Expert DALE LeFEVRE will be in Mott Haven, the Bronx, to teach local teachers & leaders how to facilitate NEW GAMES in their schools and local parks.
Two sequential workshops:
Oct. 1 (Thursday) 3pm to 6pm
Oct. 2 (Friday) 3pm to 7pm
• include everyone
• are less competitive
• don’t require special equipment
• can be played almost anywhere
• are appropriate for a wide range of ages
• enhance the effectiveness of recreation coordinators, teachers, phys. ed directors, social workers, and anyone who leads a group.
•DALE LeFEVRE has been leading NEW GAMES for over 30 years. He’s taught in 33 countries, written books and produced instructional DVDs. View his credentials, see videos of NEW GAMES in action, at inewgames.com.
Please share widely and submit your comments today. It takes under 30 seconds.
SHUT DOWN TWO POWER PLANTS IN THE SOUTH BRONX
Around 15 years ago the community organized to stop four New York Power Authority power plants from being sited on our waterfront by then Governor Pataki. These methane gas facilities that poison our air and block our waterfront were allowed to proceed as “temporary.” We now have a chance to stop two of the four power plants (those at Harlem River Yards) from being re-permitted! We have 10 days to submit 100 emails against the re-permitting of these power plants and in favor of a public hearing (which will only take place if we submit enough comments.)
I urge you to reject the re-permitting of the two Harlem River Yards power plants located at E. 132nd Street & Robert F. Kennedy Bridge 688 E 132nd Street. These plants were supposed to be temporary; they have a capacity of over 80 MW (not the 79.9 MW reported); and they significantly pollute the air of an environmentally overburdened community. Further, these power plants stand in conflict with the volume of pedestrians that will use the soon-to-be-opened Randall’s Island “Connector,” and they also stand in conflict with the New York State Department of Environmental Conservation 2014 Draft Open Space Plan, which has prioritized the Mott Haven-Port Morris Waterfront Plan to provide community access to the waterfront and mitigate climate change storm surges in a flood zone. Finally, I respectfully request that you hold a public hearing on this matter to enable the broader community to provide comments.
We have a chance to finally stop half of the 4 power plants on our waterfront that Governor Pataki forced on us. We marched, we sued, we sat-in, but the GE methane gas facilities that poison our air and block our waterfront were built.
Shut down the 2 Harlem River Yards Plants trying to be re-permitted. They pollute the air, were supposed to be temporary and have a capacity of OVER 80 MW. Have a public hearing and do not re-permit them. And they conflict with the NYSDEC Open Space Plan.
12noon: Opening welcome Chief Dwaine Perry of the Ramapough Lenape Nation and Chief Robert Hawk Storm Birch of the Schaghticoke Indian Tribe/Schaghticoke First Nations, and introductions of honored guests
12:30 Honoring song; Inter-Tribal song by George Stonefish (Delaware)
Come see what grows in the South Bronx- support local artists and local activism with a full afternoon of visual art, poetry, music and film. We look forward to seeing you there. Bring those who you love and bring snacks! For more information contact (347-513-6095)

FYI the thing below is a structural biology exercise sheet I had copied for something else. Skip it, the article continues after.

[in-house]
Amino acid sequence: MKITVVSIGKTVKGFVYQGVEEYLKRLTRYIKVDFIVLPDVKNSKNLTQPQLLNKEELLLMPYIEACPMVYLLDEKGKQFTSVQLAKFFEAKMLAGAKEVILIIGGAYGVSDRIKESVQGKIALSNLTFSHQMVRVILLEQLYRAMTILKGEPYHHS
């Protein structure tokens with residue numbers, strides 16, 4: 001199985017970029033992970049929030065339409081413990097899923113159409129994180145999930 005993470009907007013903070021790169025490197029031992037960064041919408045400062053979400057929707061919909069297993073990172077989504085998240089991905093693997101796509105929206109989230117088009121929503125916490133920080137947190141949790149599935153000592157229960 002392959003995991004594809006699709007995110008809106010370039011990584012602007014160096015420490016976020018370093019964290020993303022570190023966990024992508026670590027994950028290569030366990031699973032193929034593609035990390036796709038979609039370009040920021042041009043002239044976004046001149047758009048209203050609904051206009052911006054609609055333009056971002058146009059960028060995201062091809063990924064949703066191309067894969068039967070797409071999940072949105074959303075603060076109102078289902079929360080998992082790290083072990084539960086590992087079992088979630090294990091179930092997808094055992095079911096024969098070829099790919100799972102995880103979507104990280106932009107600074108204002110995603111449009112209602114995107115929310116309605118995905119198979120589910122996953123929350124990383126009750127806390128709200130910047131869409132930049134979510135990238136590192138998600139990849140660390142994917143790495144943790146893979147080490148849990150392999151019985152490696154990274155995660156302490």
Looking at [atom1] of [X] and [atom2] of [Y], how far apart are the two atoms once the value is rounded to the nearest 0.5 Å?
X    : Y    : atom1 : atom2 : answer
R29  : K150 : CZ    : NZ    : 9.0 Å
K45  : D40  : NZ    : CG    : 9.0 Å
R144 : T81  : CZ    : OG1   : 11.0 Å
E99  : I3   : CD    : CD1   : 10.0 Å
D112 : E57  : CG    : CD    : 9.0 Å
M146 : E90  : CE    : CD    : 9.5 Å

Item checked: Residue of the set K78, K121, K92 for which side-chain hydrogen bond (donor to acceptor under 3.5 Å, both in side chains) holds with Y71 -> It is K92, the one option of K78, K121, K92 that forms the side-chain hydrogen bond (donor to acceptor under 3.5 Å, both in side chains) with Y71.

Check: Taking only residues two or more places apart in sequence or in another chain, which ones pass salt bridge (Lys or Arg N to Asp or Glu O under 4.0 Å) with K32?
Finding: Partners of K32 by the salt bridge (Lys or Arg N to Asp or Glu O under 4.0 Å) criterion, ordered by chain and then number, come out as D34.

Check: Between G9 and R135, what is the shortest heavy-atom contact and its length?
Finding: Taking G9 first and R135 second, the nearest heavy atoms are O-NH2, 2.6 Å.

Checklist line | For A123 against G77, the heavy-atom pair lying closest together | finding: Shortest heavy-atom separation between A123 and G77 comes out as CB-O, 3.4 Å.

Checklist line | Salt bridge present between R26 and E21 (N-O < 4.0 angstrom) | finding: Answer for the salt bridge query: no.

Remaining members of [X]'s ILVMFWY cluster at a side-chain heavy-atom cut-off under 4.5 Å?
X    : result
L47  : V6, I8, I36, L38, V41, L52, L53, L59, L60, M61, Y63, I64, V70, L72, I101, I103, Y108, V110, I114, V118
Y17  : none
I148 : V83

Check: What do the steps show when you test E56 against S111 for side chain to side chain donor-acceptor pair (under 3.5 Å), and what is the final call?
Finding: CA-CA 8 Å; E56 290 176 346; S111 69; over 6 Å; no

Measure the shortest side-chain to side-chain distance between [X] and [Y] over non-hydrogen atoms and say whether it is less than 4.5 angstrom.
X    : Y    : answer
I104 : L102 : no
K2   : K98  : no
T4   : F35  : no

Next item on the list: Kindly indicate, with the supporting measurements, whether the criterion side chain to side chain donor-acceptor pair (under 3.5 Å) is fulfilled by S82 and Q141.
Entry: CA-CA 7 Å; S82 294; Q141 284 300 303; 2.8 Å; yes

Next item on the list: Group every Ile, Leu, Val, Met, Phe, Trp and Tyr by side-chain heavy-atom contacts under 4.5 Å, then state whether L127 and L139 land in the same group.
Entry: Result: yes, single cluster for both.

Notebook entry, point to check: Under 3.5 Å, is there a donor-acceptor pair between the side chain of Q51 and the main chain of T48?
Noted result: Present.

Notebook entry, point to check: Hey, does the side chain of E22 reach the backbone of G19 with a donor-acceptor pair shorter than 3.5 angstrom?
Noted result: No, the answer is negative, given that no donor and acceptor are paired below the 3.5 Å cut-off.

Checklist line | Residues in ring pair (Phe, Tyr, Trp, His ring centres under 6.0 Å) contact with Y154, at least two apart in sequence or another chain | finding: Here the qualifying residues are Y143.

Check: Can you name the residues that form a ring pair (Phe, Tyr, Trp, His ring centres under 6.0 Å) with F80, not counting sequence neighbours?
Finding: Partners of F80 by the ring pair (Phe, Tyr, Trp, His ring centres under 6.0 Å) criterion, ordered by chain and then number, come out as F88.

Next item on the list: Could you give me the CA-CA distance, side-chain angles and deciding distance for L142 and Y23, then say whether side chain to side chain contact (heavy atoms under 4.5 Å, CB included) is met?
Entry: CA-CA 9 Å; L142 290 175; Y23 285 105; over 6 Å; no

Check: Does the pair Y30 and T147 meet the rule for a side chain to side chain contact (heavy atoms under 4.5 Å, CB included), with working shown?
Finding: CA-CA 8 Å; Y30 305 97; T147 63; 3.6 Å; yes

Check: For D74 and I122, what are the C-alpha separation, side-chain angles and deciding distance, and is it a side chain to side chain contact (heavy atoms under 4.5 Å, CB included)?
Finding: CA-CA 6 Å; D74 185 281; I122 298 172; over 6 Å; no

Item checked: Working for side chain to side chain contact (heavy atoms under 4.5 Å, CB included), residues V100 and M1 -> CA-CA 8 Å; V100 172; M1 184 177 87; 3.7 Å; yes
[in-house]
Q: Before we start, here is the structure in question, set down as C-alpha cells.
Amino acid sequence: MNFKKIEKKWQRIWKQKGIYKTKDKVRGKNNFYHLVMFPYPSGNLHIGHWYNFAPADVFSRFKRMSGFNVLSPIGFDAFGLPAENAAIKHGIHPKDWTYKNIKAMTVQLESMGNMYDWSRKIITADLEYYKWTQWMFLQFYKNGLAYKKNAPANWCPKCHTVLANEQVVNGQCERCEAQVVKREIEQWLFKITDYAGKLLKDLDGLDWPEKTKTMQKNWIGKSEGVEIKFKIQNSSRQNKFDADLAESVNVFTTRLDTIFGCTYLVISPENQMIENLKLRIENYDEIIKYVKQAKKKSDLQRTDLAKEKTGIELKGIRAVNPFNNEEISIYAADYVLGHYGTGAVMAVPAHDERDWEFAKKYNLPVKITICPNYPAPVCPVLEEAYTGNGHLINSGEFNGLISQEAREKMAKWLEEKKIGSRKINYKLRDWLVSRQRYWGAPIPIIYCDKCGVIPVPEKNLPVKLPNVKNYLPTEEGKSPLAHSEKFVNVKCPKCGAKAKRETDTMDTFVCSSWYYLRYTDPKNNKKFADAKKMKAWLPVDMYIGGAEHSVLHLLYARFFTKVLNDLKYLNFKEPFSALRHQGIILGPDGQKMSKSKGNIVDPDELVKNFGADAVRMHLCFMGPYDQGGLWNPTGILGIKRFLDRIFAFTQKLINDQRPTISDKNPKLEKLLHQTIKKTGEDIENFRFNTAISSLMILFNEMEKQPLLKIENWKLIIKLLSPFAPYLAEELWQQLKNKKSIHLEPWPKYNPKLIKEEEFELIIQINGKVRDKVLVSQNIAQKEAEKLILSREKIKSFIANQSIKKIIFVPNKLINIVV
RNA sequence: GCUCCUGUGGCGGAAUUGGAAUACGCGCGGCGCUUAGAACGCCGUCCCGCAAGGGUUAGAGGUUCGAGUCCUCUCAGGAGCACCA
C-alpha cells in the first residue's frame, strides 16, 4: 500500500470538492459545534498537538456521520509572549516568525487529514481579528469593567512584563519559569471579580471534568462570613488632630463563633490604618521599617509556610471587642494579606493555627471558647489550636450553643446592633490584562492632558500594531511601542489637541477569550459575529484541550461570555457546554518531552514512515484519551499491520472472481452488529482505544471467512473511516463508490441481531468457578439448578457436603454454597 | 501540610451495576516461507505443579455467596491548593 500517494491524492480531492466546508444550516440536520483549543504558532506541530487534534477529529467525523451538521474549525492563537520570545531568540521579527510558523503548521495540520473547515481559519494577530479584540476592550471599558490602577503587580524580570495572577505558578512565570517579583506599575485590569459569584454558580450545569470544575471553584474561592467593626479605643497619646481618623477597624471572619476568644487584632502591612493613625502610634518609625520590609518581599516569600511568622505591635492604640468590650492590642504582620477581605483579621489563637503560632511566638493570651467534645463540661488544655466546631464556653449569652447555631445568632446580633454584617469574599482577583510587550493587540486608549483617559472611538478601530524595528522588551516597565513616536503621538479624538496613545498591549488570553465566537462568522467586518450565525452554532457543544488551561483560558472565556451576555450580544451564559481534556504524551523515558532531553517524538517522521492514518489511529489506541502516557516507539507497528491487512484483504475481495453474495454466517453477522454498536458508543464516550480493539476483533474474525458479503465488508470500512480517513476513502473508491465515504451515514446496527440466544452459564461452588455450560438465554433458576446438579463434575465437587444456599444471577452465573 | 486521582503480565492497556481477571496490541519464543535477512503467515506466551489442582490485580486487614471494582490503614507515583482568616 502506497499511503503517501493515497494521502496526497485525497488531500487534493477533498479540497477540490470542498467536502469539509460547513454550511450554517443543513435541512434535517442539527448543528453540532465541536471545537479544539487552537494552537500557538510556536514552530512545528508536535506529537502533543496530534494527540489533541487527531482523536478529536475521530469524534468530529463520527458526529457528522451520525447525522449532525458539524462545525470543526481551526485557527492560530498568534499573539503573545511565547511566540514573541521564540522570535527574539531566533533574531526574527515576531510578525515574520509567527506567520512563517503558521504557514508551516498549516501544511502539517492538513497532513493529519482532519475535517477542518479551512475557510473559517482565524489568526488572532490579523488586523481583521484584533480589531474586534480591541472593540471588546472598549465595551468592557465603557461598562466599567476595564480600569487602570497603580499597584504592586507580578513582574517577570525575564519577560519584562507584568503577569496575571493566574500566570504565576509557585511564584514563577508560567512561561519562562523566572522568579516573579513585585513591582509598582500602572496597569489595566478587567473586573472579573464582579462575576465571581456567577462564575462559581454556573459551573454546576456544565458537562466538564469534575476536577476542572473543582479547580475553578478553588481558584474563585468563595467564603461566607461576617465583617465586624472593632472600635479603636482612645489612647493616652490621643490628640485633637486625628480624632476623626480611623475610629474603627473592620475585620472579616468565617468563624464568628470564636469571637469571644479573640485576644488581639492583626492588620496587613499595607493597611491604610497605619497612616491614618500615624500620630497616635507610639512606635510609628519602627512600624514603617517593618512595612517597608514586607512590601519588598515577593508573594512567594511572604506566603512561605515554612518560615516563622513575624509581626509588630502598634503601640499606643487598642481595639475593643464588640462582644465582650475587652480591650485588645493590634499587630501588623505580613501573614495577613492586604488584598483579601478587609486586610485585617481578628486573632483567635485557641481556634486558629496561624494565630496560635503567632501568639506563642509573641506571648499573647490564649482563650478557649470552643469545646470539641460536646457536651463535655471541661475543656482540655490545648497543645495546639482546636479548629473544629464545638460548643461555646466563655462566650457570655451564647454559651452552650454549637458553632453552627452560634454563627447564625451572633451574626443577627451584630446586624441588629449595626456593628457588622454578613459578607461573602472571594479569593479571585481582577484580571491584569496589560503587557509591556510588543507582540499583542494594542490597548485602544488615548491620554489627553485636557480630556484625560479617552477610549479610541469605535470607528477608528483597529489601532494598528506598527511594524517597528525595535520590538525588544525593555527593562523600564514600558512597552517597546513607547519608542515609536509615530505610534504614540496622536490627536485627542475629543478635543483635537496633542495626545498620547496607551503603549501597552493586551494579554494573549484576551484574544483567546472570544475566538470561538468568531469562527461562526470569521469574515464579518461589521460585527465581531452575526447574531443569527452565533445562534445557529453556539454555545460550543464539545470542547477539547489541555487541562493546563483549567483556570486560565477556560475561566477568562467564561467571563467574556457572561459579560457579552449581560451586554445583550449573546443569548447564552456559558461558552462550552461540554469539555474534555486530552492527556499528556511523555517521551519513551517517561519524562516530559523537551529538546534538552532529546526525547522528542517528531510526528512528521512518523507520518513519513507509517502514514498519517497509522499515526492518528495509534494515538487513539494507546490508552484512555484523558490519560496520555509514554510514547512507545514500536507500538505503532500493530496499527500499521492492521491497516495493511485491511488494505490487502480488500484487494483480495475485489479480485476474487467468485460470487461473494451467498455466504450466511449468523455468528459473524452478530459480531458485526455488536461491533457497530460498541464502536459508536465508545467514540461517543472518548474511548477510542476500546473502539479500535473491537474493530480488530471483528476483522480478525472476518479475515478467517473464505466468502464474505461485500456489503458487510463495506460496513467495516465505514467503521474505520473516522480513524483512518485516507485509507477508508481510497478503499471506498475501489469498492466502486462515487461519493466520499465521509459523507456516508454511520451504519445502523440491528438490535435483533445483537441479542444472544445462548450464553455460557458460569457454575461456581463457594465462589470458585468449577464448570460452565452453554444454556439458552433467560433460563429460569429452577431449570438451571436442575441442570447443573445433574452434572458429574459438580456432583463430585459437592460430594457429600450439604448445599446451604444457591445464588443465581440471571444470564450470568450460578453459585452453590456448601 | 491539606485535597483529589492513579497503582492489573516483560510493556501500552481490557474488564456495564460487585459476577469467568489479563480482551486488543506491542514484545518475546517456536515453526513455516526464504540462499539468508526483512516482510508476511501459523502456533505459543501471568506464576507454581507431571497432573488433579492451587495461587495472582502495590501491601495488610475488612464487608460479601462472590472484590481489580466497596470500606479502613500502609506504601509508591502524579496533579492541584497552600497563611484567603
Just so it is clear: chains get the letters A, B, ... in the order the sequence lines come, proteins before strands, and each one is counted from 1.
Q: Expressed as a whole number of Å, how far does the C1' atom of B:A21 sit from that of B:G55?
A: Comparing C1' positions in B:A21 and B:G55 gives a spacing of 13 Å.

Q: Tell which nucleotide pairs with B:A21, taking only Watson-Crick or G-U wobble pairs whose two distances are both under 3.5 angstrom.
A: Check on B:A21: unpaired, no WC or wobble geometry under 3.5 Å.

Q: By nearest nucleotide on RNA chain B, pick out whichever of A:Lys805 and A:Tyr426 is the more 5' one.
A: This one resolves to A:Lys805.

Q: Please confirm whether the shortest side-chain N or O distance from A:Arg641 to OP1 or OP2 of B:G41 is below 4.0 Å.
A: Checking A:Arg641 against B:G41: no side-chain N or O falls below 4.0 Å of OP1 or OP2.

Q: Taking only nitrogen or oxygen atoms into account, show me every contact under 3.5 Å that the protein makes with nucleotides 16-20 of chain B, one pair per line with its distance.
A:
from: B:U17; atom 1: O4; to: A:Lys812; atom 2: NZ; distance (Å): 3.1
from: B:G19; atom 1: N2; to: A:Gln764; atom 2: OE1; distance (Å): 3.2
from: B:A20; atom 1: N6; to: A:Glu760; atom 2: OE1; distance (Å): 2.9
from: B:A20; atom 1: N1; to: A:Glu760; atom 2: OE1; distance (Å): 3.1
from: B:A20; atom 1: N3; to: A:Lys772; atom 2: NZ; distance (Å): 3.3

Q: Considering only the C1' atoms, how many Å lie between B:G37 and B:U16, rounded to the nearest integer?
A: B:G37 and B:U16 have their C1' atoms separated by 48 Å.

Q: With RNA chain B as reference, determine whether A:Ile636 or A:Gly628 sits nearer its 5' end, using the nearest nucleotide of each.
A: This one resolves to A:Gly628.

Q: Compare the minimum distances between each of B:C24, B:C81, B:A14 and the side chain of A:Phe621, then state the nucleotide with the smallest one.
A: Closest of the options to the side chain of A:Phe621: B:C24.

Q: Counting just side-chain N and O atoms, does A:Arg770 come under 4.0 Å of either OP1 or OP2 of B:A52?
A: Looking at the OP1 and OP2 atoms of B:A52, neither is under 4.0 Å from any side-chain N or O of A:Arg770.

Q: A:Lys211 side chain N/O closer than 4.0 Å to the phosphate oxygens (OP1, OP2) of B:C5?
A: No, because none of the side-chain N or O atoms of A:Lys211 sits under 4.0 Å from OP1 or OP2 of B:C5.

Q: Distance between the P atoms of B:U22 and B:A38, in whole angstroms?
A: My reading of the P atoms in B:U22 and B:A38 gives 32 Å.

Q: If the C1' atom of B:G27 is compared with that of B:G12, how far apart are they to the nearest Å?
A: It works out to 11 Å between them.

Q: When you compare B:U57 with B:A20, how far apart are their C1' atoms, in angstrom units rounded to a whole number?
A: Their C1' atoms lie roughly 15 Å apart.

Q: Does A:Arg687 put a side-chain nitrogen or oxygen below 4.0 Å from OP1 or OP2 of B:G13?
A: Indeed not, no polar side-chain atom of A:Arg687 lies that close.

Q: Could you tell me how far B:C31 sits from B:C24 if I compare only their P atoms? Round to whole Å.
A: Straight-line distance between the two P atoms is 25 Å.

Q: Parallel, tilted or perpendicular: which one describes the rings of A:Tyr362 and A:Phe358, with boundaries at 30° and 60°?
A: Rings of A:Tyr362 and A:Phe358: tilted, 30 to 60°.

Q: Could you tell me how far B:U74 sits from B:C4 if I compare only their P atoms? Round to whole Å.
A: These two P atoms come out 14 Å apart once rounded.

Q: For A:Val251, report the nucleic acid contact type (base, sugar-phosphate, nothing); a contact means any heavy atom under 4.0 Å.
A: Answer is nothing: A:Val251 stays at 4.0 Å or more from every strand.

Photos by Lisa Harris, unveiling of sculpture by Lisa Cunningham, music, poetry and more!
We are honored to be part of this and have one of our team lead it. JULY 11th
Our Youth Tour will feature the inspiring work of young people who are gardening in The Bronx. First, pay a visit to the chickens and bees at Brook Park, a community garden serving countless youth each year in activities ranging from gardening, environmental, and waterfront activism, to arts and cultural events. Next, enjoy lunch while visiting the children’s garden at historic Bartow-Pell Mansion Museum. Finally, we will close at the recently renovated New York Restoration Project’s Willis Avenue Community Garden. More, click here.
United Playaz of New York and Young, Fresh and Conscious are local organizations in the community dedicated to empowering youth, supporting families and cultivating leadership. We invite you to join us for Food, Games, Arts and Crafts, and to pick up or share community resources. Everyone is welcome!!!
The bright-green stalks and leaves are tended by a dozen teenage boys who water, lay mulch, pull weeds and wait.
If all goes well, more than 300 pounds of serrano peppers will be harvested in August from the Brook Park community garden in the Mott Haven section of the Bronx, one of the poorest neighborhoods in the city.
Then they will be sold to a New York City-based hot sauce maker for $4 a pound, the proceeds of which will fund small stipends for the teenagers.
“You already feel good taking care of plants, and for you to get paid for it is even better,” Donnell Matthews, 18, said
The resulting product, Bronx Greenmarket Hot Sauce, has become a staple at the city’s farmers’ markets, and in the shops and restaurants on Arthur Avenue, including at the Bronx Beer Hall, which serves it with crispy-battered dill pickles, French fries and burgers. Since May, the olive-green sauce has been added to the shelves of the Whole Foods stores in Union Square and TriBeCa, with more locations in the works; a five-ounce bottle sells there for $6.99.